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Natalizumab Versus Fingolimod in Patients with Relapsing-Remitting Multiple Sclerosis: A Subgroup Analysis From Three International Cohorts

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Harvard

Sharmin, S, Lefort, M, Andersen, JB, Leray, E, Horakova, D, Havrdova, EK, Alroughani, R, Izquierdo, G, Ozakbas, S, Patti, F, Onofrj, M, Lugaresi, A, Terzi, M, Grammond, P, Grand'Maison, F, Yamout, B, Prat, A, Girard, M, Duquette, P, Boz, C, Trojano, M, McCombe, P, Slee, M, Lechner-Scott, J, Turkoglu, R, Sola, P, Ferraro, D, Granella, F, Prevost, J, Maimone, D, Skibina, O, Buzzard, K, Van der Walt, A, Van Wijmeersch, B, Csepany, T, Spitaleri, D, Vucic, S, Casey, R, Debouverie, M, Edan, G, Ciron, J, Ruet, A, Sellebjerg, FT, Soerensen, PS, Jensen, MB, Frederiksen, JL, Bramow, S, Mathiesen, HK, Schreiber, KI, Magyari, M & Danish Multiple Sclerosis Registry, OFSEP and the MSBase investigators 2021, 'Natalizumab Versus Fingolimod in Patients with Relapsing-Remitting Multiple Sclerosis: A Subgroup Analysis From Three International Cohorts', CNS Drugs, vol. 35, no. 11, pp. 1217-1232. https://doi.org/10.1007/s40263-021-00860-7

APA

Sharmin, S., Lefort, M., Andersen, J. B., Leray, E., Horakova, D., Havrdova, E. K., Alroughani, R., Izquierdo, G., Ozakbas, S., Patti, F., Onofrj, M., Lugaresi, A., Terzi, M., Grammond, P., Grand'Maison, F., Yamout, B., Prat, A., Girard, M., Duquette, P., ... Danish Multiple Sclerosis Registry, OFSEP and the MSBase investigators (2021). Natalizumab Versus Fingolimod in Patients with Relapsing-Remitting Multiple Sclerosis: A Subgroup Analysis From Three International Cohorts. CNS Drugs, 35(11), 1217-1232. https://doi.org/10.1007/s40263-021-00860-7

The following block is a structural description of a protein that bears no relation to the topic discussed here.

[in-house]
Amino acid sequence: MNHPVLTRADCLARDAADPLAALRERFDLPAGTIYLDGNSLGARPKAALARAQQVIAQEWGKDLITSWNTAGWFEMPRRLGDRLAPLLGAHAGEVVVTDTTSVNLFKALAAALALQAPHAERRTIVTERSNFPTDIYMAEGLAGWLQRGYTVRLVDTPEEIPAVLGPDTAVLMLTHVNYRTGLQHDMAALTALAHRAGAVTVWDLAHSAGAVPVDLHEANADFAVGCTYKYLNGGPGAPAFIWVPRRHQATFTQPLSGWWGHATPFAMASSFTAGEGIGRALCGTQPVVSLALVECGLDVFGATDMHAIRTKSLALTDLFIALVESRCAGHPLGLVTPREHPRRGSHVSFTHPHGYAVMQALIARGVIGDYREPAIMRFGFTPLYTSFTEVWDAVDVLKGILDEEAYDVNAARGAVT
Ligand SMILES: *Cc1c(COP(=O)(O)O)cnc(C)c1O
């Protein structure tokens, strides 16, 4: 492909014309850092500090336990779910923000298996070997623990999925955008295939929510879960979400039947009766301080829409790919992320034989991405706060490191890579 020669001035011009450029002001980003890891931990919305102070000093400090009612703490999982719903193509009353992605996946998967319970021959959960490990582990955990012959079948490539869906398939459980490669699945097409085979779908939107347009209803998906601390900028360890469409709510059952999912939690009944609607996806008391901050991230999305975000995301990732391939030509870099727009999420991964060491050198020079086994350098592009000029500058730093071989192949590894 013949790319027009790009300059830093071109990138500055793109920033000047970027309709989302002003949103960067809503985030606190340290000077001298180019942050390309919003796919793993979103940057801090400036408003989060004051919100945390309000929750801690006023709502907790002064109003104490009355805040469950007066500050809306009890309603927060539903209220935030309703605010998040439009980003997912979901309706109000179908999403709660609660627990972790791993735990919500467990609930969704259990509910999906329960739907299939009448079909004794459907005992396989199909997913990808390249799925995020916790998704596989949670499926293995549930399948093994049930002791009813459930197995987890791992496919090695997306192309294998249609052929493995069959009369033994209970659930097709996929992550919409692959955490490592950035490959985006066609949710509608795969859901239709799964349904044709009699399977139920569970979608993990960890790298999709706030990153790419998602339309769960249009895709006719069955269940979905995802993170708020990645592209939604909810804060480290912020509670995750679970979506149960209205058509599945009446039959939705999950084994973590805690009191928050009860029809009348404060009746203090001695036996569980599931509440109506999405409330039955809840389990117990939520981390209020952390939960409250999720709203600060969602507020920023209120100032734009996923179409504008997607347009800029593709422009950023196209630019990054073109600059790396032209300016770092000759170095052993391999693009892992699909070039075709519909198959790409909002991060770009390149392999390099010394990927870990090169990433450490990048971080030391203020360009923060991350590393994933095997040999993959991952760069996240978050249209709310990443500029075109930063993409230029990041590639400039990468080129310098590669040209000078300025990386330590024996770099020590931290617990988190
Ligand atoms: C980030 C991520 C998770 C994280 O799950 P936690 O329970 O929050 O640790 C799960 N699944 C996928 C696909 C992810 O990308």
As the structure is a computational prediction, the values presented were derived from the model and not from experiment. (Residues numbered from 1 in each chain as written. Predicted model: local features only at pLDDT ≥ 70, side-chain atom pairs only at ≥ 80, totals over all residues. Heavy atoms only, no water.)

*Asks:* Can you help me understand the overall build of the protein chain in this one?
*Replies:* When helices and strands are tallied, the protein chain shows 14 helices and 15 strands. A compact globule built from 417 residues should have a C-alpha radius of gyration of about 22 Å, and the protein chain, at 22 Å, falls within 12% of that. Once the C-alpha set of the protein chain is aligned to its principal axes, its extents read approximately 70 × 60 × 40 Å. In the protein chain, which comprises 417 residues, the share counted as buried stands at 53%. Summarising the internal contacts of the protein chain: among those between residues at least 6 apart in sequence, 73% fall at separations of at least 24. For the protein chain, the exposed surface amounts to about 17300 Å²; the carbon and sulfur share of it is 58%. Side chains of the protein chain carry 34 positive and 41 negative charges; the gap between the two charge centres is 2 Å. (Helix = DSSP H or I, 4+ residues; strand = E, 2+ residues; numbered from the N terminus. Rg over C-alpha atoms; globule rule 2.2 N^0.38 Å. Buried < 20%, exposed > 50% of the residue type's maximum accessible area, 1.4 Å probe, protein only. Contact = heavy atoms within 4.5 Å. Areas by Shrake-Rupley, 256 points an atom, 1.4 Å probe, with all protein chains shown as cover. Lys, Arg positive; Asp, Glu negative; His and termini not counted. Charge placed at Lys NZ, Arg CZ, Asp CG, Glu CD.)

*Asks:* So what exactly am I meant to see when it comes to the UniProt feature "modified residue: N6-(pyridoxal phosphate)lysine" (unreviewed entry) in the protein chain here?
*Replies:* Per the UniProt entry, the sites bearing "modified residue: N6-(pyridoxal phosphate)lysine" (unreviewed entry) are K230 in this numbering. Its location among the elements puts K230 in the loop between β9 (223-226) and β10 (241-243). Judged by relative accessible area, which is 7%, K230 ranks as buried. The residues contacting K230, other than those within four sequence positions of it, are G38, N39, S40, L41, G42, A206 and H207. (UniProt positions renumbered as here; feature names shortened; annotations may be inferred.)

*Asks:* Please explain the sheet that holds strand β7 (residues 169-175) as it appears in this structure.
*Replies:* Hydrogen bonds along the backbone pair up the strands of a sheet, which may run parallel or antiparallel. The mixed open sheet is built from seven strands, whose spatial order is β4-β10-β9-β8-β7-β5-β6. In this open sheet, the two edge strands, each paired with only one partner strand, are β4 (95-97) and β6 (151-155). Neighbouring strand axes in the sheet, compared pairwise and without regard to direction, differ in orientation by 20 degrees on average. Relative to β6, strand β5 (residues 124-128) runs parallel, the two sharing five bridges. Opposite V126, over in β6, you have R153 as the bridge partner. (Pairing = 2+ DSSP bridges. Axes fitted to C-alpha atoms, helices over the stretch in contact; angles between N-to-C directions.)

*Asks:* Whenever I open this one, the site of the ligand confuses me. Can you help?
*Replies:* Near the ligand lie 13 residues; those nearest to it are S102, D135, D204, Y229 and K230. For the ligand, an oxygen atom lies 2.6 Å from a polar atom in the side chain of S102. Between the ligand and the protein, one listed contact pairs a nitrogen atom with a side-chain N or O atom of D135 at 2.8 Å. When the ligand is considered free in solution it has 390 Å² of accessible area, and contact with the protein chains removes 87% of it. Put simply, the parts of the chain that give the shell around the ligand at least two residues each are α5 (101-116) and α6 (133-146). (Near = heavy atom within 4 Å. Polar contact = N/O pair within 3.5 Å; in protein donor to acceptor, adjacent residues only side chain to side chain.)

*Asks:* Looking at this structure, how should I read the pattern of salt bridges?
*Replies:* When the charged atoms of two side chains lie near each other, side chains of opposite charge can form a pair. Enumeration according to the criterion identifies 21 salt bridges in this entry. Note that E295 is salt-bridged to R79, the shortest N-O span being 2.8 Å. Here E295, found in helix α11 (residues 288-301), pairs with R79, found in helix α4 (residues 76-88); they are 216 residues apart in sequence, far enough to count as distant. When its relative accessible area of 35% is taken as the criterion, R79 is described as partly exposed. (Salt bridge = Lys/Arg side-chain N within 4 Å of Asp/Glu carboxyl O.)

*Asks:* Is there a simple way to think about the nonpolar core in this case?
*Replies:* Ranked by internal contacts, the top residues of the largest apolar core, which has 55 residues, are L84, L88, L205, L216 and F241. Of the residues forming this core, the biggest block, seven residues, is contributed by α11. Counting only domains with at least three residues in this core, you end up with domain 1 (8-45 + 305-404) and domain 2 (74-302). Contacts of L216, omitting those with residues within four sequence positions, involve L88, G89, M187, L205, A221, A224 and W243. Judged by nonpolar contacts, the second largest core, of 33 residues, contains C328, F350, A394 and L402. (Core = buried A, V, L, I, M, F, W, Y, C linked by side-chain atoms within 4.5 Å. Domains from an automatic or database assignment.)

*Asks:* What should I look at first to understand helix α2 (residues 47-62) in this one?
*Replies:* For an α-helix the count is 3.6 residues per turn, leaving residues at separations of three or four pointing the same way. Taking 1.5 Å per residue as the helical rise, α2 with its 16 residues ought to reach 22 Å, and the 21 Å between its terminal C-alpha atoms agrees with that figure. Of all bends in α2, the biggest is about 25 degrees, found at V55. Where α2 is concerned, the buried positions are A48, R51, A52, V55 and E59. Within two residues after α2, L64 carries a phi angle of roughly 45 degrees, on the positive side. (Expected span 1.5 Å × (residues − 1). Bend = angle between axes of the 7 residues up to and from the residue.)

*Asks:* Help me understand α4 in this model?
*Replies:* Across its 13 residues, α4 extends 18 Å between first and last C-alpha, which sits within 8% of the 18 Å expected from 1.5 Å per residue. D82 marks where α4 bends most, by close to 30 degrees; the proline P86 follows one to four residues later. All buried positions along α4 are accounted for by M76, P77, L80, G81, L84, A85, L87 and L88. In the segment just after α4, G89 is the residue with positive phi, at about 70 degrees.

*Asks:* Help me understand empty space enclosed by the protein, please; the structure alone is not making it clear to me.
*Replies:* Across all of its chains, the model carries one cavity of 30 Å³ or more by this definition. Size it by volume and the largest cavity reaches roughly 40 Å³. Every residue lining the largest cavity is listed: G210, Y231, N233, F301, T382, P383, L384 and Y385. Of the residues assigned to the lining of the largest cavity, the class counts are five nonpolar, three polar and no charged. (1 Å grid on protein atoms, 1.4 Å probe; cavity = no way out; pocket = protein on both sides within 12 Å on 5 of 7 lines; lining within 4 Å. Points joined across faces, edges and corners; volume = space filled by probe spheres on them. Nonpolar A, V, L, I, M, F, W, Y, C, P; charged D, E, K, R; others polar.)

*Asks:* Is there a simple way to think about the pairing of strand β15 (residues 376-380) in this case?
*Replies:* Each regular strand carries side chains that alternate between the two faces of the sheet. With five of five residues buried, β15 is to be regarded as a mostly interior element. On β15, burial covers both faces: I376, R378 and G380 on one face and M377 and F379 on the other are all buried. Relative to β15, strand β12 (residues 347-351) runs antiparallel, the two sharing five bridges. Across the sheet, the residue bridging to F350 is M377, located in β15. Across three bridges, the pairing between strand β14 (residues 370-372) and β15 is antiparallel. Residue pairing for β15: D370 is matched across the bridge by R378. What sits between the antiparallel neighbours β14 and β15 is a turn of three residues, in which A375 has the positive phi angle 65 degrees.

CBE

Sharmin S, Lefort M, Andersen JB, Leray E, Horakova D, Havrdova EK, Alroughani R, Izquierdo G, Ozakbas S, Patti F, Onofrj M, Lugaresi A, Terzi M, Grammond P, Grand'Maison F, Yamout B, Prat A, Girard M, Duquette P, Boz C, Trojano M, McCombe P, Slee M, Lechner-Scott J, Turkoglu R, Sola P, Ferraro D, Granella F, Prevost J, Maimone D, Skibina O, Buzzard K, Van der Walt A, Van Wijmeersch B, Csepany T, Spitaleri D, Vucic S, Casey R, Debouverie M, Edan G, Ciron J, Ruet A, Sellebjerg FT, Soerensen PS, Jensen MB, Frederiksen JL, Bramow S, Mathiesen HK, Schreiber KI, Magyari M, Danish Multiple Sclerosis Registry, OFSEP and the MSBase investigators. 2021. Natalizumab Versus Fingolimod in Patients with Relapsing-Remitting Multiple Sclerosis: A Subgroup Analysis From Three International Cohorts. CNS Drugs. 35(11):1217-1232. https://doi.org/10.1007/s40263-021-00860-7

MLA

Vancouver

Author

Sharmin, Sifat ; Lefort, Mathilde ; Andersen, Johanna Balslev ; Leray, Emmanuelle ; Horakova, Dana ; Havrdova, Eva Kubala ; Alroughani, Raed ; Izquierdo, Guillermo ; Ozakbas, Serkan ; Patti, Francesco ; Onofrj, Marco ; Lugaresi, Alessandra ; Terzi, Murat ; Grammond, Pierre ; Grand'Maison, Francois ; Yamout, Bassem ; Prat, Alexandre ; Girard, Marc ; Duquette, Pierre ; Boz, Cavit ; Trojano, Maria ; McCombe, Pamela ; Slee, Mark ; Lechner-Scott, Jeannette ; Turkoglu, Recai ; Sola, Patrizia ; Ferraro, Diana ; Granella, Franco ; Prevost, Julie ; Maimone, Davide ; Skibina, Olga ; Buzzard, Katherine ; Van der Walt, Anneke ; Van Wijmeersch, Bart ; Csepany, Tunde ; Spitaleri, Daniele ; Vucic, Steve ; Casey, Romain ; Debouverie, Marc ; Edan, Gilles ; Ciron, Jonathan ; Ruet, Aurélie ; Sellebjerg, Finn Thorup ; Soerensen, Per Soelberg ; Jensen, Michael Broksgaard ; Frederiksen, Jette Lautrup ; Bramow, Stephan ; Mathiesen, Henrik Kahr ; Schreiber, Karen Ingrid ; Magyari, Melinda ; Danish Multiple Sclerosis Registry, OFSEP and the MSBase investigators. / Natalizumab Versus Fingolimod in Patients with Relapsing-Remitting Multiple Sclerosis : A Subgroup Analysis From Three International Cohorts. In: CNS Drugs. 2021 ; Vol. 35, No. 11. pp. 1217-1232.

Bibtex

@article{83fcf5055a1d422681467ecff939a584,
title = "Natalizumab Versus Fingolimod in Patients with Relapsing-Remitting Multiple Sclerosis: A Subgroup Analysis From Three International Cohorts",